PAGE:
So you essentially have three major world civilizations that will not concede anything to each other. Korea will not forgive Japan for its WWII transgressions because it's not politically beneficially now to do so. China, today, would rather bring up that awful war today, repeatedly, because it prevents any significant examination of their current humans rights abuses. Japanese prime ministers continue to visit Yasukuni Shrine in Tokyo, at which certified war criminals are buried, in order to appease the nationalist sentiments of the Japanese right wing.

And on and on and on.

How do we teach kids the negative points of our own countries? How do we maintain our perspective on the past, yet head forwards into the future? How do we move past grudges the bear the bloodstains of millions of lost lives?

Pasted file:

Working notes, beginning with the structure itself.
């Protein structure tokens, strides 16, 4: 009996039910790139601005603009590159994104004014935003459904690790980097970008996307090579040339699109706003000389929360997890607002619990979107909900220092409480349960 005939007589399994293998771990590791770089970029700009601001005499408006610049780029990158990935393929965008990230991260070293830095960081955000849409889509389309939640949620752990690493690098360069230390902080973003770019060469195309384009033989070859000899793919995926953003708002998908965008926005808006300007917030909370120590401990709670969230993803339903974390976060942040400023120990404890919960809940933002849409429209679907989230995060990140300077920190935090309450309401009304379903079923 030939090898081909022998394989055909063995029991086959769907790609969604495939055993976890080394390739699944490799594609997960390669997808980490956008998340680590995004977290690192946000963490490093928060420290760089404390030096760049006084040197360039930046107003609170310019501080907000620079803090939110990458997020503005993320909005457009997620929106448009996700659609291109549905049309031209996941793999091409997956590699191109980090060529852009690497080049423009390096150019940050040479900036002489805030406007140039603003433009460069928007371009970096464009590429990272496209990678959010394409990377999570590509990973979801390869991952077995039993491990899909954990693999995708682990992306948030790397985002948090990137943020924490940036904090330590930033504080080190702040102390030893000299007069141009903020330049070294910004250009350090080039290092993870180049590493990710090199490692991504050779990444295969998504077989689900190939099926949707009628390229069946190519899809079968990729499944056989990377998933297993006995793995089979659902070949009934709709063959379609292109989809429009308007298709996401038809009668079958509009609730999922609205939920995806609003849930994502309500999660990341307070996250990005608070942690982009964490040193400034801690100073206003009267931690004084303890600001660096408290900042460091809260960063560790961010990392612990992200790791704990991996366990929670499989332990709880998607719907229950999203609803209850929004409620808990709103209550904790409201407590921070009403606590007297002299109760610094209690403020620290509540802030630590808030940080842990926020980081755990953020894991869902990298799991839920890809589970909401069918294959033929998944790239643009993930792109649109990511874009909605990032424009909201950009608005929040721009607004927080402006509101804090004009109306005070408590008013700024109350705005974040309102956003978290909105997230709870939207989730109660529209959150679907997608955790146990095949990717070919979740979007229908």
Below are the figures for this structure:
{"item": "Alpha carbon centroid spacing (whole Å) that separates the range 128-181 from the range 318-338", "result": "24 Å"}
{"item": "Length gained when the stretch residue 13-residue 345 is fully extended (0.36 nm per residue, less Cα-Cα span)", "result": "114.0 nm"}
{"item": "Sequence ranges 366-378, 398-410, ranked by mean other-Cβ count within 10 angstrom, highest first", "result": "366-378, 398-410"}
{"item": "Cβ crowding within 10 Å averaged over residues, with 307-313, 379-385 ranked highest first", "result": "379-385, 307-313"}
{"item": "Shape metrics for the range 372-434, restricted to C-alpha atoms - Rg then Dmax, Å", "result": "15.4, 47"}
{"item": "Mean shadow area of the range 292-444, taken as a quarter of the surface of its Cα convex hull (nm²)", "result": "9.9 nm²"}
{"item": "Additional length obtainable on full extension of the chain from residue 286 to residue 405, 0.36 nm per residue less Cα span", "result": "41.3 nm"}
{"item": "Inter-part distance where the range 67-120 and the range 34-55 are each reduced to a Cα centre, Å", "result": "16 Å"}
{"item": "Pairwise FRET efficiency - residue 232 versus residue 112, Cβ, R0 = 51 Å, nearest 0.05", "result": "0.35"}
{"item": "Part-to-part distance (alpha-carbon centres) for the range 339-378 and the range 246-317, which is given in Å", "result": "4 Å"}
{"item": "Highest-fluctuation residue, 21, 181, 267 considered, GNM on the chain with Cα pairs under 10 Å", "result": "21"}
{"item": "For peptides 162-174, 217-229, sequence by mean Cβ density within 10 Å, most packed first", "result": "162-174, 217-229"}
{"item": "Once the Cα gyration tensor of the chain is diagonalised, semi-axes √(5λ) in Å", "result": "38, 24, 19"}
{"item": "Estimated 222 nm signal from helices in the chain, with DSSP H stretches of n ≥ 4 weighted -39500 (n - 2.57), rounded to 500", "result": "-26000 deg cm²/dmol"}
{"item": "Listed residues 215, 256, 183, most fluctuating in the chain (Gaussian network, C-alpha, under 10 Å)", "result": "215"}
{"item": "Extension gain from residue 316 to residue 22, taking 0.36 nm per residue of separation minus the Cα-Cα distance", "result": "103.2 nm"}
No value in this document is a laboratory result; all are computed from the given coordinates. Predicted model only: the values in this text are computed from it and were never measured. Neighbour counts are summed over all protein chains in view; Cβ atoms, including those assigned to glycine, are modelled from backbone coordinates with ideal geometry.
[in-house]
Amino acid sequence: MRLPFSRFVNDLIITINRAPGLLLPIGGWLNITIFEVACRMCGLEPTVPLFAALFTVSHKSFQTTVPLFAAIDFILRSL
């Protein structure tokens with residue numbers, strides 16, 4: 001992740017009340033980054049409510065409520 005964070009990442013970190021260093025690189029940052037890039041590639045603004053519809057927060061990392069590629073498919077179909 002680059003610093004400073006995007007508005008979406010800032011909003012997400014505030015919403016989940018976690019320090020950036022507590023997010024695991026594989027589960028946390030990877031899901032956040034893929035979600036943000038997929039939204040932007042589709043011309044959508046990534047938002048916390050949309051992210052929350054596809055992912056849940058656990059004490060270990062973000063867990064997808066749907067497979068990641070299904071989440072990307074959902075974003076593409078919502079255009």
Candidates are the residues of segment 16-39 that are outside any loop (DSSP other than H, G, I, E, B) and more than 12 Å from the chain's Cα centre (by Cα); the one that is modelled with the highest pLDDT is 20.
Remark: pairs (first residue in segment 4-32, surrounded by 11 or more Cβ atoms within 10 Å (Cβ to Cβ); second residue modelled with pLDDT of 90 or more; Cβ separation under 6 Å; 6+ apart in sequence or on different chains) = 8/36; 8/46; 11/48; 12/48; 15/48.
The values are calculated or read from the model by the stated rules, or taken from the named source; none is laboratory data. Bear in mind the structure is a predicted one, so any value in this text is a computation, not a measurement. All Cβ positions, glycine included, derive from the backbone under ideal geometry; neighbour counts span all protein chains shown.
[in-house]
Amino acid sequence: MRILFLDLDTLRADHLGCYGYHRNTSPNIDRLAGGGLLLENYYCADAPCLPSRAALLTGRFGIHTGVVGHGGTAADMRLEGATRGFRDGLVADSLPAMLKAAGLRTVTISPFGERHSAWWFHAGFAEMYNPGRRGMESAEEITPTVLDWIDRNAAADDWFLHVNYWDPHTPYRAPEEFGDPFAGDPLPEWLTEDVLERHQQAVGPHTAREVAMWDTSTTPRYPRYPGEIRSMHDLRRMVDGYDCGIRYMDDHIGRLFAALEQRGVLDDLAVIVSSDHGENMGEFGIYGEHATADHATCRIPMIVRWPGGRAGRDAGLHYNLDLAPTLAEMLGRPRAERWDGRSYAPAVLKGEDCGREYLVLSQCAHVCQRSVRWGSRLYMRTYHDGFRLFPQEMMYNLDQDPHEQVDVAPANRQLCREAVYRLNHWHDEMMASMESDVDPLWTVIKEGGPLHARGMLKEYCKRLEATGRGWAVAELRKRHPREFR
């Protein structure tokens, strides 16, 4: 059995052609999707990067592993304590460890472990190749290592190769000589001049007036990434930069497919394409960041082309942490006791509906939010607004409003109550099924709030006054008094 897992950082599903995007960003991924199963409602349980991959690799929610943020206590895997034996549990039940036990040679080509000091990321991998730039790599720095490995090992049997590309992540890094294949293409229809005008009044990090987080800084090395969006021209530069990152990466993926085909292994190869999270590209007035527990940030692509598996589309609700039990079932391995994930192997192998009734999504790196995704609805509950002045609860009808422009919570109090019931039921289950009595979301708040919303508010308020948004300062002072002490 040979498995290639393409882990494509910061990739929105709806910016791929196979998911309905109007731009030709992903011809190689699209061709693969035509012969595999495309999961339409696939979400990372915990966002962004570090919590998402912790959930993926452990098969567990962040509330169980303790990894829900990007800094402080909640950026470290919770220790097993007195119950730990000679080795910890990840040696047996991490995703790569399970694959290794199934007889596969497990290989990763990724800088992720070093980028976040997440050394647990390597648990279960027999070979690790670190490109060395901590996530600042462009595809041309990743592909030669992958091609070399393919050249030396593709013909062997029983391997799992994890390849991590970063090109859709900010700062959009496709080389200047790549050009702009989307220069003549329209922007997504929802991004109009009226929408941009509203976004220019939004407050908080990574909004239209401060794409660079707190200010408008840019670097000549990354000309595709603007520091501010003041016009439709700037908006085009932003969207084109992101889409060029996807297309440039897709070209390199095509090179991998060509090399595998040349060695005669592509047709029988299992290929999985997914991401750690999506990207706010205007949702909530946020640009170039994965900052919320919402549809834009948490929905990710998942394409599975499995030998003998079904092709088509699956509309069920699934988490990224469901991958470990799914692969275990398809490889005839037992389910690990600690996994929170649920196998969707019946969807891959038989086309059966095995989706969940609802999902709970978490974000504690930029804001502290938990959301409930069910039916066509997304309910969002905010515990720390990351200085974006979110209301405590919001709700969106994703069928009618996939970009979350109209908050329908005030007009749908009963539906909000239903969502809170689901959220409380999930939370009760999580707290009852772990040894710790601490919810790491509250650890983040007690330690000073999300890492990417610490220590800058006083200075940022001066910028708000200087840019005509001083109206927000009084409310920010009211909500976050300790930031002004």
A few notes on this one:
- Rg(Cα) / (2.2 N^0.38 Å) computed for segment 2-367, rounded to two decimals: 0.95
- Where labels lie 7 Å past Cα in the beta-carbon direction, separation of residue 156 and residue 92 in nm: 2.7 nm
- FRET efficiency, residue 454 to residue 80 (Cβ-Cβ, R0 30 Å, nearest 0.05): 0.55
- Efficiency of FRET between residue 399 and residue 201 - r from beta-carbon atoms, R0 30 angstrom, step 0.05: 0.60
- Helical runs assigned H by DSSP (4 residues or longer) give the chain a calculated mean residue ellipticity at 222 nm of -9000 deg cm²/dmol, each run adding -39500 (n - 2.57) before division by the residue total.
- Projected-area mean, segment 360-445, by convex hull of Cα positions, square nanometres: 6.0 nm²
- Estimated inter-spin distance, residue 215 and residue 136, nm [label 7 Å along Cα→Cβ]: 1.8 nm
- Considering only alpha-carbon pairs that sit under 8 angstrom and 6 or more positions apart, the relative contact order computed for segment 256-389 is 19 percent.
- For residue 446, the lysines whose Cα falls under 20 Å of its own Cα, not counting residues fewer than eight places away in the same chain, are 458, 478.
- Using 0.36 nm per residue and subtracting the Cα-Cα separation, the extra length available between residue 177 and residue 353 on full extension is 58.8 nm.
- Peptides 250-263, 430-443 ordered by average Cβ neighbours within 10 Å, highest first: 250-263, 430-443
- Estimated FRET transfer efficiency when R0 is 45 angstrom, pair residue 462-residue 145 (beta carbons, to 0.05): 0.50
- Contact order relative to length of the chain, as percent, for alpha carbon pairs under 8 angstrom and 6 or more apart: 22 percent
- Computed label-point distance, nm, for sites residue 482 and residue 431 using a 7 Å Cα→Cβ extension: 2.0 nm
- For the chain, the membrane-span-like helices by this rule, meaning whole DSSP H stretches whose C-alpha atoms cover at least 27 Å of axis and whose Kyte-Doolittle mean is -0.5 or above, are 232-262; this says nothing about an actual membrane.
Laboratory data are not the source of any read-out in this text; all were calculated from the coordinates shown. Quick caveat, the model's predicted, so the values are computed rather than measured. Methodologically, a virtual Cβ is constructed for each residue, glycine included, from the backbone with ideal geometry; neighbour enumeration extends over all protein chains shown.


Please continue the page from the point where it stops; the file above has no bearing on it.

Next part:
I don't know.

But I try to tell my students that it's perfectly fine to disagree with a country's government, but don't take a swipe at the people themselves. The world is too big and small for that.

And who knows?

Perhaps times are changing.

A lot of my Korean students are actually learning Japanese. Despite what their parents and educators say, WWII was a long, long time ago, and has little relevance to their lives now. One of my students even lived in Japan for most of his childhood, the best time of his life, he said. Japanese women are going ga-ga over Korean soap operas and movies with their romantic, sensitive storylines. The Chinese language is forcing salarymen in Japan and Korean to bone up on their Mandarin skills.